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Divine Service? Judaism and Israel’s Armed Forces, by Stuart Cohen. Farnham, UK: Ashgate, 2014. 201 pages. $101.95.

In Divine Service?, Stuart Cohen, a foremost expert on religion in the armed forces, weighs in on the relationship between Judaism and military service in Israel. The volume explores some of the most contentious issues at this intersection, including the integration of observant Jews into the Israel Defense Forces (IDF), and the growing presence of non-Jewish soldiers in the IDF. Underlying all these are the author’s twin interests in the influence of religion on Israel’s security discourse and the prominence of security-related concerns in contemporary Jewish thought. Thorough in its sources, lucid in its presentation, and balanced in its analysis, this text brings together some of Cohen’s most influential publications as well as novel work.

Three initial chapters set the stage by providing a historical background. Cohen explores traditional Jewish attitudes towards the use of force and the effect of the founding of Israel on these ideas. The decision to conform the framework of the IDF to basic Jewish precepts led national religious Jews to embrace military service as an article of faith and prompted leading rabbis to formulate an entirely novel codex of religious regulations regarding military life. The positions of this segment of Israeli society on national security issues, such as territorial compromise, are rooted in theological justifications. Yet these very theological justifications, Cohen shows, require its members to defer ultimate authority in military matters to the expert opinions of democratically elected secular leaders.

The next three chapters investigate the various means by which this community has adapted to the extreme demands of service in a modern military, such as the arrangement that allows pious soldiers to alternate between studying in a yeshiva and an abbreviated term of military service in homogenous units. Cohen also explores the intrusion of religious motifs into the IDF as sources of inspiration in battle, as teachings that legitimate the use of force, and as guidelines for military ethics. He concludes, however, that given the wide range of rabbinical opinions on the laws of war and given their oblique relevance to tactical or strategic issues, these sources have had no direct effect on military planning or operations.

Contemporary correspondences between rabbis and their pupils in uniform, on the other hand, have addressed a wide range of mundane issues, such as reconciling military life with traditional Jewish practices. [End Page 478] This responsa literature is Cohen’s greatest area of expertise, and he offers a broad survey and a careful evaluation of prominent texts in that literary tradition. The highlight of the book is a latter chapter in which Cohen analyzes the legal standards from which contemporary rabbis develop rulings on warfare as well as the norms and meta-norms on which these standards rest. These include universal, even humanist, themes such as the preservation of life and a respect for the values held by the international community.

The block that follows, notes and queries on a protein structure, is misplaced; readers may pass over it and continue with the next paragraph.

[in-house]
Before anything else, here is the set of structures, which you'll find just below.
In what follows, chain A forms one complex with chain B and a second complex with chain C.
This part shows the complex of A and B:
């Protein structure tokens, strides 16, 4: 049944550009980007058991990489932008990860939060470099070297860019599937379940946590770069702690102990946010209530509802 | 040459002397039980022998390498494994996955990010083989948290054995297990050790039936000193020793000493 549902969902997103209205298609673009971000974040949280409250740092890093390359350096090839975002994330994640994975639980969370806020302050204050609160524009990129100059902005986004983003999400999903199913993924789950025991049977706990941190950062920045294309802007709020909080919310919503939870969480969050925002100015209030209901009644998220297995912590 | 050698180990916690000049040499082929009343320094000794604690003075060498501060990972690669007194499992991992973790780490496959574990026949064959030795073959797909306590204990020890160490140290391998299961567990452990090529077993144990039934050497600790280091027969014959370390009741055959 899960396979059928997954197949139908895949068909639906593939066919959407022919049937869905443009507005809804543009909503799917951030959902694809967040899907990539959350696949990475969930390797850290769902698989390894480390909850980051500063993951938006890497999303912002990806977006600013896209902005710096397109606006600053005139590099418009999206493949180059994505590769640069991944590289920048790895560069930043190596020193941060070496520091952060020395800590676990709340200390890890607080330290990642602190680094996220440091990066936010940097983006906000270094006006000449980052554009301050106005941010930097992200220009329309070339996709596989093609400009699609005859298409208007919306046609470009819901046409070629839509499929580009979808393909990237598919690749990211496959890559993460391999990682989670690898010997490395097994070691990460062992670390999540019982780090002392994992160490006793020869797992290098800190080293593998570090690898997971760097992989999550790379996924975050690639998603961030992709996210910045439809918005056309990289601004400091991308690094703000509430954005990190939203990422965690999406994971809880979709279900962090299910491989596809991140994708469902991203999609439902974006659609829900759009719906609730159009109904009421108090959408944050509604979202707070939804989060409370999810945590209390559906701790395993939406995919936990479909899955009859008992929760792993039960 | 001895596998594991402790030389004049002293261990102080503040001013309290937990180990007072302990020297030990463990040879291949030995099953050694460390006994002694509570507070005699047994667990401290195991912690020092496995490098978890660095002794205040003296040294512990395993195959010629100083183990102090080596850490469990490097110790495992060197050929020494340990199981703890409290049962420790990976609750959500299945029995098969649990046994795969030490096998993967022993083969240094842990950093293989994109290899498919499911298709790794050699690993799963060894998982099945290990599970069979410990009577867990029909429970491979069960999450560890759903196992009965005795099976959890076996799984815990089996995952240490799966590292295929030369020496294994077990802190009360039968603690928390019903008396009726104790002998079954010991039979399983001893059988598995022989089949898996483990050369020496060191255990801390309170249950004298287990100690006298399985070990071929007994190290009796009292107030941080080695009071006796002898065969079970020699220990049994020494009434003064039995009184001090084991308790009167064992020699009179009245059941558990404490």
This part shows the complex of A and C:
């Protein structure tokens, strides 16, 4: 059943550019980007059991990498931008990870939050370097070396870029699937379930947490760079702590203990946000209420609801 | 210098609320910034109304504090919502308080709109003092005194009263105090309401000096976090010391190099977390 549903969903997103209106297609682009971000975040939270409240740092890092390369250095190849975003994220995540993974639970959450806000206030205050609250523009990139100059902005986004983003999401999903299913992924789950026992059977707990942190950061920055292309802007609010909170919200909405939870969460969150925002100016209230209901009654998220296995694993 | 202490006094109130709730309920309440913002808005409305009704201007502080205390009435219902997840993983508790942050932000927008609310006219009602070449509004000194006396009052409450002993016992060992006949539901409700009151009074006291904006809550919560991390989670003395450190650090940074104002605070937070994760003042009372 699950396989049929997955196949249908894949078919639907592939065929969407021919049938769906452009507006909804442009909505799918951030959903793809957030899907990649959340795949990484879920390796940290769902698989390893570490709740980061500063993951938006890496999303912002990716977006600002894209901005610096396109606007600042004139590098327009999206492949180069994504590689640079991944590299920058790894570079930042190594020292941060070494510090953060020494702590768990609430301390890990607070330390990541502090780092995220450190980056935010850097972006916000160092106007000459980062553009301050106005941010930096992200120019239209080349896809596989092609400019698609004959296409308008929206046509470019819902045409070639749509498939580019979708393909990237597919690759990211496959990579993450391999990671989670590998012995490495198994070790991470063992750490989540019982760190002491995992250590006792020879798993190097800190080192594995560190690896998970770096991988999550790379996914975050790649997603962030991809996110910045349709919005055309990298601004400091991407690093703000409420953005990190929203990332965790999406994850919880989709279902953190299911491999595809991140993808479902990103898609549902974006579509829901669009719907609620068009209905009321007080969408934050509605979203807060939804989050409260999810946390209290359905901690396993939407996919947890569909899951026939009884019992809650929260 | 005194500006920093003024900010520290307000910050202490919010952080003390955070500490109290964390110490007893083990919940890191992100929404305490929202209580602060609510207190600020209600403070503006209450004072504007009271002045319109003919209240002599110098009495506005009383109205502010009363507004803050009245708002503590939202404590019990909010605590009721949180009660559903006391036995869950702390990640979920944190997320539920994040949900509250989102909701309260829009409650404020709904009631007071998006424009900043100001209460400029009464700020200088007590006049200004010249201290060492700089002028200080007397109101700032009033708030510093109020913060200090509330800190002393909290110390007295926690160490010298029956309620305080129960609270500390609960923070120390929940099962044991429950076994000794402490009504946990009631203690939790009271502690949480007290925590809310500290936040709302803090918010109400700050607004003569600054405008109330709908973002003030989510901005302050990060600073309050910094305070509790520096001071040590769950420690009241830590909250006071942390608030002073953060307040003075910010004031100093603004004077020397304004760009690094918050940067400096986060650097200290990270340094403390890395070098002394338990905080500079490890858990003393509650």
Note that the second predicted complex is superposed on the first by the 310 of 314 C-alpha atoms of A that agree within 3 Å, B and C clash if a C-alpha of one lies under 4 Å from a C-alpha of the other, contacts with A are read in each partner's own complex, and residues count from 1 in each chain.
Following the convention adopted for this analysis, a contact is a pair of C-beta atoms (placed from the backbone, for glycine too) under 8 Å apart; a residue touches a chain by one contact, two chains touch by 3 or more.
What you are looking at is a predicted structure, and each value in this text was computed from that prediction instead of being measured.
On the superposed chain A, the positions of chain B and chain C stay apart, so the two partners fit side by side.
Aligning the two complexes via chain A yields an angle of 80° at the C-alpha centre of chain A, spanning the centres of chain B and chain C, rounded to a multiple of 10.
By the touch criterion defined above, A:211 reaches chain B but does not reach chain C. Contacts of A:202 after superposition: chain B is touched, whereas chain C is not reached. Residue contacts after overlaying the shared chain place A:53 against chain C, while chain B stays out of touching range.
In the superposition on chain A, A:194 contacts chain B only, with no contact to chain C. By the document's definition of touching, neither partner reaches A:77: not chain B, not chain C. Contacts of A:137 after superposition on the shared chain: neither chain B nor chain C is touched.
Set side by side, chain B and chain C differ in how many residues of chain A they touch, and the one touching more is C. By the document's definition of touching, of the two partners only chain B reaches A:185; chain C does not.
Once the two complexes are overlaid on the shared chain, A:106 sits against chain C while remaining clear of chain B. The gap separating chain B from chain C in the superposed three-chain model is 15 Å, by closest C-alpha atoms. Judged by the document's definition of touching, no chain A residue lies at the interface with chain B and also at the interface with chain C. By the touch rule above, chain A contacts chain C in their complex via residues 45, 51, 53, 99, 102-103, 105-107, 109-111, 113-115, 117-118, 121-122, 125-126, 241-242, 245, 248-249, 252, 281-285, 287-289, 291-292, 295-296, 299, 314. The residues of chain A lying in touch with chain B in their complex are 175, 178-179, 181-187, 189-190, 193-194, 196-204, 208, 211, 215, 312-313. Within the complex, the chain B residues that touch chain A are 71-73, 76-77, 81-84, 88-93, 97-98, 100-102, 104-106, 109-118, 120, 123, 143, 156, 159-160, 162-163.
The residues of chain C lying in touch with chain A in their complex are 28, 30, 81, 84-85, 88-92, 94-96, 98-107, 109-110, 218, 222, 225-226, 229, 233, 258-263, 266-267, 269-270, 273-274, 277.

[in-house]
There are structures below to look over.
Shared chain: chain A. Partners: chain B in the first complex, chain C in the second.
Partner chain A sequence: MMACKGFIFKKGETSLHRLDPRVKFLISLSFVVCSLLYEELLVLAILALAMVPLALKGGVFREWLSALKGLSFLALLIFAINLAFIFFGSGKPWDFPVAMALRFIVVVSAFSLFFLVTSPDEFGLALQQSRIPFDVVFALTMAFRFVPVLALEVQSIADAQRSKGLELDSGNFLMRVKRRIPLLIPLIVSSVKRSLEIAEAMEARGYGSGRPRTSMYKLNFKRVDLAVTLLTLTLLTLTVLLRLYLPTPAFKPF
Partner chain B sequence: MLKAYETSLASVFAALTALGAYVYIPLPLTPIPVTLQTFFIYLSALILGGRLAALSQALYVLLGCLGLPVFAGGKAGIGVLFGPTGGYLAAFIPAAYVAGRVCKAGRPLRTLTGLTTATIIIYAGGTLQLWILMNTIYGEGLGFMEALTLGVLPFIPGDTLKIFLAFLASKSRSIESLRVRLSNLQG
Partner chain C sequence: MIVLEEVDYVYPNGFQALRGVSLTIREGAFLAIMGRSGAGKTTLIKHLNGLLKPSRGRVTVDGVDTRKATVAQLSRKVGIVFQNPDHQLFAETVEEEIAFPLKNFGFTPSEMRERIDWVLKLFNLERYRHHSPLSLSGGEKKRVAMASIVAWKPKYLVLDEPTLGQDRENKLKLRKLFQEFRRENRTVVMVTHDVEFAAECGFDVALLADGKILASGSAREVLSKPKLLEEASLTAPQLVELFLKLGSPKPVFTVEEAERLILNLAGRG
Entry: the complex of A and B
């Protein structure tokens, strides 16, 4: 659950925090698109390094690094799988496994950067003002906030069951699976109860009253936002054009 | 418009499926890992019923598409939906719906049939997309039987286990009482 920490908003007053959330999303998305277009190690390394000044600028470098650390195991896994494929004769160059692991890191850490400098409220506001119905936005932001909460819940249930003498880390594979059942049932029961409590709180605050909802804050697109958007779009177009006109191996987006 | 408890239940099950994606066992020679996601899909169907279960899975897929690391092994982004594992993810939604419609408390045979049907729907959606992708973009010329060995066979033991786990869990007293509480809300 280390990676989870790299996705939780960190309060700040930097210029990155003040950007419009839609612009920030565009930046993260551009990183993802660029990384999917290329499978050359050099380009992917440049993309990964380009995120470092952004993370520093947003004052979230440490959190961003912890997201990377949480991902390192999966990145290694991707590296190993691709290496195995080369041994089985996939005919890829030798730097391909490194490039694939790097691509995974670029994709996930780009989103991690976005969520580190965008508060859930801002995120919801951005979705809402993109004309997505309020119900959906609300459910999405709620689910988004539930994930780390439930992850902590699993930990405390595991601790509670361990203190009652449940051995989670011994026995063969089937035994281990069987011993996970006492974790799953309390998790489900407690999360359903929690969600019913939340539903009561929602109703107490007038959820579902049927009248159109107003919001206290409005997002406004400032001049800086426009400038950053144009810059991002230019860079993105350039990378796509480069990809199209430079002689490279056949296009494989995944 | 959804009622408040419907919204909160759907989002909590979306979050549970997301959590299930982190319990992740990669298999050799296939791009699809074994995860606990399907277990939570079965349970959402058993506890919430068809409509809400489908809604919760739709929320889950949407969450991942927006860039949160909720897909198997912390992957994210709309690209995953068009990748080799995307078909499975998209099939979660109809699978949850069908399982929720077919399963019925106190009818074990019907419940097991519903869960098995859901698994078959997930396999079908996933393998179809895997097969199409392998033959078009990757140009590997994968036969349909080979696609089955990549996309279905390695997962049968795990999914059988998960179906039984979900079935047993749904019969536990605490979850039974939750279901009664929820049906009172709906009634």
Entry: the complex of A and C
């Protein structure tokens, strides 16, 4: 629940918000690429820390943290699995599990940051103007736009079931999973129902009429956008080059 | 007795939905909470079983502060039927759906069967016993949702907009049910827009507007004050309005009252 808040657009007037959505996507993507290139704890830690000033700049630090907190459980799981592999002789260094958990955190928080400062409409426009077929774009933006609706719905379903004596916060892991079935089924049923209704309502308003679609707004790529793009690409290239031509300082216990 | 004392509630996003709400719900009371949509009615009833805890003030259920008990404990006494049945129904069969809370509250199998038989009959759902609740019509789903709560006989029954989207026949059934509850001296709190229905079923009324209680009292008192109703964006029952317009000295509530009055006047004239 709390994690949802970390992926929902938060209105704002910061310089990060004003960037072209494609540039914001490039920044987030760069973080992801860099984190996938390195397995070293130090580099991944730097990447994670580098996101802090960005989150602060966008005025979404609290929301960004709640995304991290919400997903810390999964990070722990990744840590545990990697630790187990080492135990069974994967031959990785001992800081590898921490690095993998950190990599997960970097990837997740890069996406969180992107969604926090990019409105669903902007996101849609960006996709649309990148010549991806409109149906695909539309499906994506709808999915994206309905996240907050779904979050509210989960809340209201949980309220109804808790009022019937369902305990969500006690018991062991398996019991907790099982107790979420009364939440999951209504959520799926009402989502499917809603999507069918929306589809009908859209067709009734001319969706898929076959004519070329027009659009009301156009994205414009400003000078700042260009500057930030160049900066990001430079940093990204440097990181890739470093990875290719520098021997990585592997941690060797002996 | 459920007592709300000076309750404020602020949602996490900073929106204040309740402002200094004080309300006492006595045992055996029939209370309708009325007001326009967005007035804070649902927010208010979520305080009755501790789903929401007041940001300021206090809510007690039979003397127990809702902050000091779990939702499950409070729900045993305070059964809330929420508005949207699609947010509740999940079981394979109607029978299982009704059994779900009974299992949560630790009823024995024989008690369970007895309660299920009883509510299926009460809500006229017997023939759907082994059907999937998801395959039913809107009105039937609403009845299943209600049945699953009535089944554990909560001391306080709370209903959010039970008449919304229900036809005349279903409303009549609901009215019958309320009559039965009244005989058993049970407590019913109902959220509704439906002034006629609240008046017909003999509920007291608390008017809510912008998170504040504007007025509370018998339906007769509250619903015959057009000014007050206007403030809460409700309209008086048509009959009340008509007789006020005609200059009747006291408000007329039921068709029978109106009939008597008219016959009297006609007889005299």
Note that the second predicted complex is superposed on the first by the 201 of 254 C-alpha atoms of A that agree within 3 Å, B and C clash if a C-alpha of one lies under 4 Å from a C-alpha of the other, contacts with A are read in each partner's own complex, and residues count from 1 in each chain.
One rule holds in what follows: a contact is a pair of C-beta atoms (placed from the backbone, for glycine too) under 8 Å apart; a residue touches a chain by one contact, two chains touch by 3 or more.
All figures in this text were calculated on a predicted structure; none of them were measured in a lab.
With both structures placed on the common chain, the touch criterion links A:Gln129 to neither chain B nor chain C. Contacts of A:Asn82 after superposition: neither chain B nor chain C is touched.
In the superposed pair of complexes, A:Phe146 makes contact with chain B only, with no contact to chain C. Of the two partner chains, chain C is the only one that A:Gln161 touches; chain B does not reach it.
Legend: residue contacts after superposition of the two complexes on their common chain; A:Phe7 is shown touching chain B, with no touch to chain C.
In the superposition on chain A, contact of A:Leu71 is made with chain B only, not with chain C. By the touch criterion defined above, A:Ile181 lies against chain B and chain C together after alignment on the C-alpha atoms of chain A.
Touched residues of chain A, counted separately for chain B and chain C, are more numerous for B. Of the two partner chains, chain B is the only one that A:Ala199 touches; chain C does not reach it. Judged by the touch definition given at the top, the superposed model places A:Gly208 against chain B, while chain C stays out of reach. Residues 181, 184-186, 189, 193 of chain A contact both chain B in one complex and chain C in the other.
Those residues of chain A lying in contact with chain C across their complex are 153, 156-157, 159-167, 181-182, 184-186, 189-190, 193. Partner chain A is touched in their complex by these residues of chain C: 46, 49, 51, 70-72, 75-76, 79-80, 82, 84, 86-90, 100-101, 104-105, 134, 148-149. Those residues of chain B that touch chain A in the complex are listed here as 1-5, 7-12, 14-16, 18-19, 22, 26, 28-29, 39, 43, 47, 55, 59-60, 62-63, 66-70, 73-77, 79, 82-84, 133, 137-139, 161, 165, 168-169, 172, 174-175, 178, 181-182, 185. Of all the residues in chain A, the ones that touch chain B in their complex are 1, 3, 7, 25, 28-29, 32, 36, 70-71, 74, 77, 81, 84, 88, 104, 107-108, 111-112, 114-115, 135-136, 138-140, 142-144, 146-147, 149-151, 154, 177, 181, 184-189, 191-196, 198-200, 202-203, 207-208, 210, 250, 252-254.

The volume concludes with an exploration of contentious contemporary issues. For example, Cohen argues that the evacuation of all Israeli settlements from Gaza did not lead to rebellion or conscientious objection among religious-nationalist soldiers in large part because these soldiers tend to prioritize personal and ritual issues, such as Sabbath observance or gender relations. In the future, failure to accommodate such practices will be far more likely to lead to dissension in the ranks than provocative policy questions. Cohen’s optimism on this front is, however, coupled with a pessimism regarding the integrative potential of the armed forces. Precisely because observant soldiers place a premium on preserving their distinctive religious identities, the IDF tends to reflect rather than bridge religious schisms in Israeli society. It follows that efforts to integrate ultra-Orthodox Jews into Israeli society by means of forced conscription are unlikely to succeed. Instead, Cohen makes the controversial proposal that the IDF be transformed into an all-volunteer force, though he offers no comparative analysis of such reforms in militaries elsewhere.

Divine Service? offers insightful commentary on a broad range of key issues relating to religion and the state in Israel...


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